If cows haven’t been milked recently they can become irritated and distressed.
How do Cows Cry?
Cows cry by wailing, letting out frequent, high pitched moos and by shedding tears from their eyes similar to humans.
Research shows that cows have specific moos for different situations, and cows have a distinctive “crying” moo which is higher pitched and more frantic for situations where they are distressed or upset.
Do Cows Cry at Night?
Cows don’t necessarily cry just because it’s night time, but they do tend to moo more often during the night to communicate with their herd when they can’t see them.
Cows’ night time cries can act as a warning to other cows in the herd about nearby predators, or just as a way to socialize while their herd is hidden by the darkness.
Although cows lie down through the night, they only need to sleep for a few hours so the remainder of the time they are talking with their cow friends and making sure the herd is safe.
Do Cows Cry Before Slaughter?
Though there’s little evidence to suggest that cows know they are about to die, the slaughter process can be extremely stressful for cows for other reasons and they may cry out of fear or stress.
Generally, slaughterhouses try to keep the process as calm and comfortable as possible for the cow, since high levels of stress hormones can taint the cow meat, decreasing the value of the meat.
In one well known example, a pregnant cow in China was witnessed with tears in her eyes as she was being led to slaughter. Footage of the distressed cow wailing went viral and people from across the world donated to save the cow, who was eventually rescued and sent to a Buddhist temple.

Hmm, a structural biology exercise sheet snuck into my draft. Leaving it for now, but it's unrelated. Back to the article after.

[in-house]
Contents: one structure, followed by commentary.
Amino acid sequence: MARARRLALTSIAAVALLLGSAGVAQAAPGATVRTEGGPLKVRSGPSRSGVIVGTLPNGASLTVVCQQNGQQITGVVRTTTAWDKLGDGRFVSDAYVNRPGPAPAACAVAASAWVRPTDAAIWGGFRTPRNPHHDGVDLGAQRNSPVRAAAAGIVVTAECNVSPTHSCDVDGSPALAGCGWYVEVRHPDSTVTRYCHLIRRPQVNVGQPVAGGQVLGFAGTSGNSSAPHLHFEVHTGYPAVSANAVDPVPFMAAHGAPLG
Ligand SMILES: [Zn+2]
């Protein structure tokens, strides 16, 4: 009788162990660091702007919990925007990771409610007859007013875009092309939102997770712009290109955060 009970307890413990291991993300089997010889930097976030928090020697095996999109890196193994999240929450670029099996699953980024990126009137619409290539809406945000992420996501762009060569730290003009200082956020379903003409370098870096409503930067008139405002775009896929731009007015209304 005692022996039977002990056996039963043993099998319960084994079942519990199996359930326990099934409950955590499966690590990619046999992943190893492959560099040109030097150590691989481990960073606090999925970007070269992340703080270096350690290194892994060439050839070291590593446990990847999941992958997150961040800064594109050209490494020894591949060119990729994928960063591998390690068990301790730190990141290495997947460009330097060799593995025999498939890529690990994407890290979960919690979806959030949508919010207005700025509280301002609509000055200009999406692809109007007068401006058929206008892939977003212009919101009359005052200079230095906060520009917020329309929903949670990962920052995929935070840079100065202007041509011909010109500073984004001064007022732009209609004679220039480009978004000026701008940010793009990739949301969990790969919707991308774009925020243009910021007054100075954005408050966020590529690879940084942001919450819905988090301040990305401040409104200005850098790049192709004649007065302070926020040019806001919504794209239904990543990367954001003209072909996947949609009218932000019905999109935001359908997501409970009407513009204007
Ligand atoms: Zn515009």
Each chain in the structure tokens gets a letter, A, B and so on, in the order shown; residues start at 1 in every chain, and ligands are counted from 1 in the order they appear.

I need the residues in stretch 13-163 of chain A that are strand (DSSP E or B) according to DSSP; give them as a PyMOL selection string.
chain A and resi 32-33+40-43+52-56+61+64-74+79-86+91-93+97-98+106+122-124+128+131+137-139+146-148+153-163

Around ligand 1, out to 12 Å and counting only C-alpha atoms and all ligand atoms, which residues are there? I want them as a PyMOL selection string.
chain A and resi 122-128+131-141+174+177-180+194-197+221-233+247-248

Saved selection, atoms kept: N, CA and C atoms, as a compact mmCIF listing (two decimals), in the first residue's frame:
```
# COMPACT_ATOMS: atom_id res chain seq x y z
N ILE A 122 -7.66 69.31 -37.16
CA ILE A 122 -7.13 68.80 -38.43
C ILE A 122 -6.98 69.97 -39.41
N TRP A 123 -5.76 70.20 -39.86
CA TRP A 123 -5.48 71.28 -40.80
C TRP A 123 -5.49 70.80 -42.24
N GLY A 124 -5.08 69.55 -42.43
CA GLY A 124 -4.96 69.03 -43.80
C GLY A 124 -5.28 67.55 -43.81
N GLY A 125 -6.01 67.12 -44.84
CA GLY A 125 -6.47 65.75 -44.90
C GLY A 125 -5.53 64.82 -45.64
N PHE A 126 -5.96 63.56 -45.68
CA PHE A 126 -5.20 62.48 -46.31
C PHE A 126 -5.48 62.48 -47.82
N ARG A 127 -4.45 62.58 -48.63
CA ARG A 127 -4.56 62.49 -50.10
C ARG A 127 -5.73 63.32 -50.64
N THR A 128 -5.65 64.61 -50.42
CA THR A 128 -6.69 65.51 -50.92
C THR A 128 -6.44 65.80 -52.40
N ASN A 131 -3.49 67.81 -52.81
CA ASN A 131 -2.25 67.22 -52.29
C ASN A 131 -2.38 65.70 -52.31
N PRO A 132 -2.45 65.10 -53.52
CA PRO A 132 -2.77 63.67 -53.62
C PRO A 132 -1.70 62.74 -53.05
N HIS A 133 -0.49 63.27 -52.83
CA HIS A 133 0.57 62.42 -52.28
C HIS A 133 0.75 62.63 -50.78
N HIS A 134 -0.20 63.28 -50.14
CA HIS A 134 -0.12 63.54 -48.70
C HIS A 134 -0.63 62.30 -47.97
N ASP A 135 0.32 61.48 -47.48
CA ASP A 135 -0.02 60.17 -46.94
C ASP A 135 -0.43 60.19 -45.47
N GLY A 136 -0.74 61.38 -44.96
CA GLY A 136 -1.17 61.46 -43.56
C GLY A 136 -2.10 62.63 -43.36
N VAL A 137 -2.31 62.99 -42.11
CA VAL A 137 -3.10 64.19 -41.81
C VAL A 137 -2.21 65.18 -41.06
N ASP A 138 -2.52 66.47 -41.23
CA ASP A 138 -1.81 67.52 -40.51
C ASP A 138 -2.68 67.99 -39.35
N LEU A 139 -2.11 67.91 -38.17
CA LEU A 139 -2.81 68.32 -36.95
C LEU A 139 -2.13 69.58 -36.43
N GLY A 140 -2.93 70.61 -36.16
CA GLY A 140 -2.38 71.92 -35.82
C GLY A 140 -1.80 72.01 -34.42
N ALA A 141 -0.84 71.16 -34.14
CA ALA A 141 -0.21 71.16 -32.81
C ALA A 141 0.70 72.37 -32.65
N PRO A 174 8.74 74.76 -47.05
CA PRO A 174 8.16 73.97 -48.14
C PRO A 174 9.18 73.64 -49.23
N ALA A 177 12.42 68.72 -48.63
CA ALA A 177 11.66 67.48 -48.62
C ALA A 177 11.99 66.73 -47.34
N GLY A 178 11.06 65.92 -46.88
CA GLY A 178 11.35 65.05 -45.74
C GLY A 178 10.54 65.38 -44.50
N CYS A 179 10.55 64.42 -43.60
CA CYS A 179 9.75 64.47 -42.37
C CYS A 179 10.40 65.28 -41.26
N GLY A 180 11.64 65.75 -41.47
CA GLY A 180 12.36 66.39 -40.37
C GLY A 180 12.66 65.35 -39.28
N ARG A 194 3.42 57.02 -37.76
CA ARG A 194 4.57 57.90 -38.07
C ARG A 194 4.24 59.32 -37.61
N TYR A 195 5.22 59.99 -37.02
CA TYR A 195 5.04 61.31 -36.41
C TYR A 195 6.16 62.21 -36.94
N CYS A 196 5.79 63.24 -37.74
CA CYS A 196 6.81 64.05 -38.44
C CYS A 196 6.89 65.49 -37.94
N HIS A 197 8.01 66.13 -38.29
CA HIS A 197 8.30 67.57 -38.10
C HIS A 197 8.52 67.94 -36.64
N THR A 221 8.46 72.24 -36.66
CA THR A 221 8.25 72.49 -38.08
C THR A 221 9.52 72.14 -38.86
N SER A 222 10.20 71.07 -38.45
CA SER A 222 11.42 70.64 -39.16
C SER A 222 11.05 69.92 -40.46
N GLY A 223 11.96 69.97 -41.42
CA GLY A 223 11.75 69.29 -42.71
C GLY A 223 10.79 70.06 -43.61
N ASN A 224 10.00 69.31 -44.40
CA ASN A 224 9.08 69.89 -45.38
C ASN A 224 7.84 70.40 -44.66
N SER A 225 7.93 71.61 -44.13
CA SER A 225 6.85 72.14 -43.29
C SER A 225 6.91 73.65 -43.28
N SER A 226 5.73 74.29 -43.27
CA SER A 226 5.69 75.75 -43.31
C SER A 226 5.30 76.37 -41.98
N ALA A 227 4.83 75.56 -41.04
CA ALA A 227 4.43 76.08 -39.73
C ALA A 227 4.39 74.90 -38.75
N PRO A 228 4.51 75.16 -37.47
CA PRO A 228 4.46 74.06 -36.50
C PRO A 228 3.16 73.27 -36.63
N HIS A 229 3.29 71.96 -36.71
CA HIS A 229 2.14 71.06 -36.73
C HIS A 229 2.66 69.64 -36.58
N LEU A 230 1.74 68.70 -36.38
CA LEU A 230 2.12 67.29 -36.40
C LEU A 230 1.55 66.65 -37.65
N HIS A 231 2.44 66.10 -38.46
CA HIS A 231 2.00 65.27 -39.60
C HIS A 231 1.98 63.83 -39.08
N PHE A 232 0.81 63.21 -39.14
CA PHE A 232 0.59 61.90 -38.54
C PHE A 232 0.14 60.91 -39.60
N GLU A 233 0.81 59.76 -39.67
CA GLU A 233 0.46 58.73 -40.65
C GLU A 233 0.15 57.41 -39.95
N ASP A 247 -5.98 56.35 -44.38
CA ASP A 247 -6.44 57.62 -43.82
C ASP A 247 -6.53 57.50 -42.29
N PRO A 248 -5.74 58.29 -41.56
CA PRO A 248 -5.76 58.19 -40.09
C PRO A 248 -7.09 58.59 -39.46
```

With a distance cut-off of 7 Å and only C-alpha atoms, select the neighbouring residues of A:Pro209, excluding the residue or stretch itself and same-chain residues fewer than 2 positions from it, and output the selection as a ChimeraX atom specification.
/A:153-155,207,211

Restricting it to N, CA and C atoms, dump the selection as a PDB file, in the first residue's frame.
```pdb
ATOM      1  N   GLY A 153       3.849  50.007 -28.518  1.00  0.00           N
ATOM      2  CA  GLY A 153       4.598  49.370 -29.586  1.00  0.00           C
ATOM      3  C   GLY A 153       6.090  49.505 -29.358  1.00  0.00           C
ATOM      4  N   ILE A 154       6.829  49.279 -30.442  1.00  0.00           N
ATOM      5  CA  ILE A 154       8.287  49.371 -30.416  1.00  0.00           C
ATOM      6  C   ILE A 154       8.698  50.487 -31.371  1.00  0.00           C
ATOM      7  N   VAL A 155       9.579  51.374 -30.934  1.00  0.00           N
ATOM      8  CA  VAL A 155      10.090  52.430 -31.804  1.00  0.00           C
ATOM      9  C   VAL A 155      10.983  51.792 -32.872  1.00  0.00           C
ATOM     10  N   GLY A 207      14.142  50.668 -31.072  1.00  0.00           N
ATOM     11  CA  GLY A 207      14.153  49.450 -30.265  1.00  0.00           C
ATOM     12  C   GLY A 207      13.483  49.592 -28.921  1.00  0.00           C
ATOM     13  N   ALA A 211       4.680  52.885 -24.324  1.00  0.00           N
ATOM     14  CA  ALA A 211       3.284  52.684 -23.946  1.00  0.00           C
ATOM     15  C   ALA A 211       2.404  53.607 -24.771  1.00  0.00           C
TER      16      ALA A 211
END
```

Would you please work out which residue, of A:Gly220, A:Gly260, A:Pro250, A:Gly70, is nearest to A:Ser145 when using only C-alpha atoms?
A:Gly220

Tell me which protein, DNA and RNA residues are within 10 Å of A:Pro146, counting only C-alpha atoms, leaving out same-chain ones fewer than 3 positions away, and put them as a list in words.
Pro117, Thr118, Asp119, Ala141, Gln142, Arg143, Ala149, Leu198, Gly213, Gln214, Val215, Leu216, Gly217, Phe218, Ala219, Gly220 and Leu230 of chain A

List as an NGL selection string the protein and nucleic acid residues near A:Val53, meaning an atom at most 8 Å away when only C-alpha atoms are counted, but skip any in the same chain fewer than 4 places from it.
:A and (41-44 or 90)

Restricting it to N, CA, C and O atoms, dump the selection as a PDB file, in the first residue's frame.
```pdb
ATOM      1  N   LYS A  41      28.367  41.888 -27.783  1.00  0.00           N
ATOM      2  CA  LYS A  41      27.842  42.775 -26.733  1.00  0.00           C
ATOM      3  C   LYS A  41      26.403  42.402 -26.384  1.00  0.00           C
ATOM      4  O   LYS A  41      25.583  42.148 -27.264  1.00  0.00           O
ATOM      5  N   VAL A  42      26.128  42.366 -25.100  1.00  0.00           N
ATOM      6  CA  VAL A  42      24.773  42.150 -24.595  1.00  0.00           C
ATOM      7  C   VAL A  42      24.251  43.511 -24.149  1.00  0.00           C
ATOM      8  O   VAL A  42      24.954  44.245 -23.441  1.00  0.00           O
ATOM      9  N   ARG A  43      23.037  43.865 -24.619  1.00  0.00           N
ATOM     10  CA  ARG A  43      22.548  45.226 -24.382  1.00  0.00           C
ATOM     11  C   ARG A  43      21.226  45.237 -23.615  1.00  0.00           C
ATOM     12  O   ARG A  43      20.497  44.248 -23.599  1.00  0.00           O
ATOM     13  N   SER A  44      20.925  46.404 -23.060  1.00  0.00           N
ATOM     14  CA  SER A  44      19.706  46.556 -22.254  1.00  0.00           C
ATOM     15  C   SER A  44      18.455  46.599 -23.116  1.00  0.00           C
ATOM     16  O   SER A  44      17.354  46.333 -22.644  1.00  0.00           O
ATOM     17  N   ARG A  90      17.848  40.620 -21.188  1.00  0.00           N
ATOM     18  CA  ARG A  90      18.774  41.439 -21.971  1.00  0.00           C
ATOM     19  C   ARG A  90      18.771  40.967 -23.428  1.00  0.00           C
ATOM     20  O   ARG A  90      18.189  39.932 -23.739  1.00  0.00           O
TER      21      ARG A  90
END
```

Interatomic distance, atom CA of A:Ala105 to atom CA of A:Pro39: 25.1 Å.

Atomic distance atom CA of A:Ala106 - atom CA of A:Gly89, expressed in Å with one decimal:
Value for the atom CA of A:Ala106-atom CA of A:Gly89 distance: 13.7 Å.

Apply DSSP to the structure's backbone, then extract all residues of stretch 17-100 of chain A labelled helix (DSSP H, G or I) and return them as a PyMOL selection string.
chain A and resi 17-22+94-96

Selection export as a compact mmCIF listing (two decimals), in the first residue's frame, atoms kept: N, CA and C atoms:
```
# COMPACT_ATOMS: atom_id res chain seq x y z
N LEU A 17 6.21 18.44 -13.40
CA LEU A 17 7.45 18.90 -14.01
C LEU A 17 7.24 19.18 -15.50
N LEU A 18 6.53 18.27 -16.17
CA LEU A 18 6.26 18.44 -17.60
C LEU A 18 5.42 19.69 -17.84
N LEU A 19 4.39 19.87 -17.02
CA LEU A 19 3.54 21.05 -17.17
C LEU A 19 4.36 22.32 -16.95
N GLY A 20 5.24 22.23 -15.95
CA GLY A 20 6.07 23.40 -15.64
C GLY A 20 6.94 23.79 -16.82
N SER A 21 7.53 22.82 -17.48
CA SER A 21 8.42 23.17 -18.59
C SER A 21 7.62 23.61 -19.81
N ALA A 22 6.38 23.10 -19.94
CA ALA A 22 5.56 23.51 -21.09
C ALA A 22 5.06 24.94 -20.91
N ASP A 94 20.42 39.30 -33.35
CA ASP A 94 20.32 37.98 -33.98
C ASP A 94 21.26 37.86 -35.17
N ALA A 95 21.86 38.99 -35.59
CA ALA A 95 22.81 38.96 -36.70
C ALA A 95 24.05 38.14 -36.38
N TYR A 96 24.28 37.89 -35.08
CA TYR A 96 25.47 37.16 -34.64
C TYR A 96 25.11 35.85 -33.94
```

Can Cows Feel Emotions?
Cows are very emotional creatures and can feel a range of complex emotions similar to other large mammals. Cows form strong social bonds with their herds and have cow best friends.
They have special calls just for their loved ones and can experience grief, loneliness and joy.
Cows recognize their best friends and are excited to go and play with them.
While cow emotions aren’t directly comparable to human emotions, cows can absolutely feel a range of emotions.
Cows can cry, both by audibly crying out with high pitched moos, and/or by shedding tears. They cry when they are in pain, when they are scared, or when they are alone or stressed.
Cows are sensitive, social creatures who form strong connections with their families. They have best friends and special calls for each of their loved ones and can often be heard crying for days after their calves have been taken away for them, or when they get separated from their herd.
Though there have been some recorded examples, cows don’t usually cry before they get slaughtered, and when they do it’s more likely due to stress than any kind of deeper understanding of the situation they are in.
Stuart is the editor of Fauna Facts. He edits our writers’ work as well as contributing his own content. Stuart is passionate about sustainable farming and animal welfare and has written extensively on cows and geese for the site.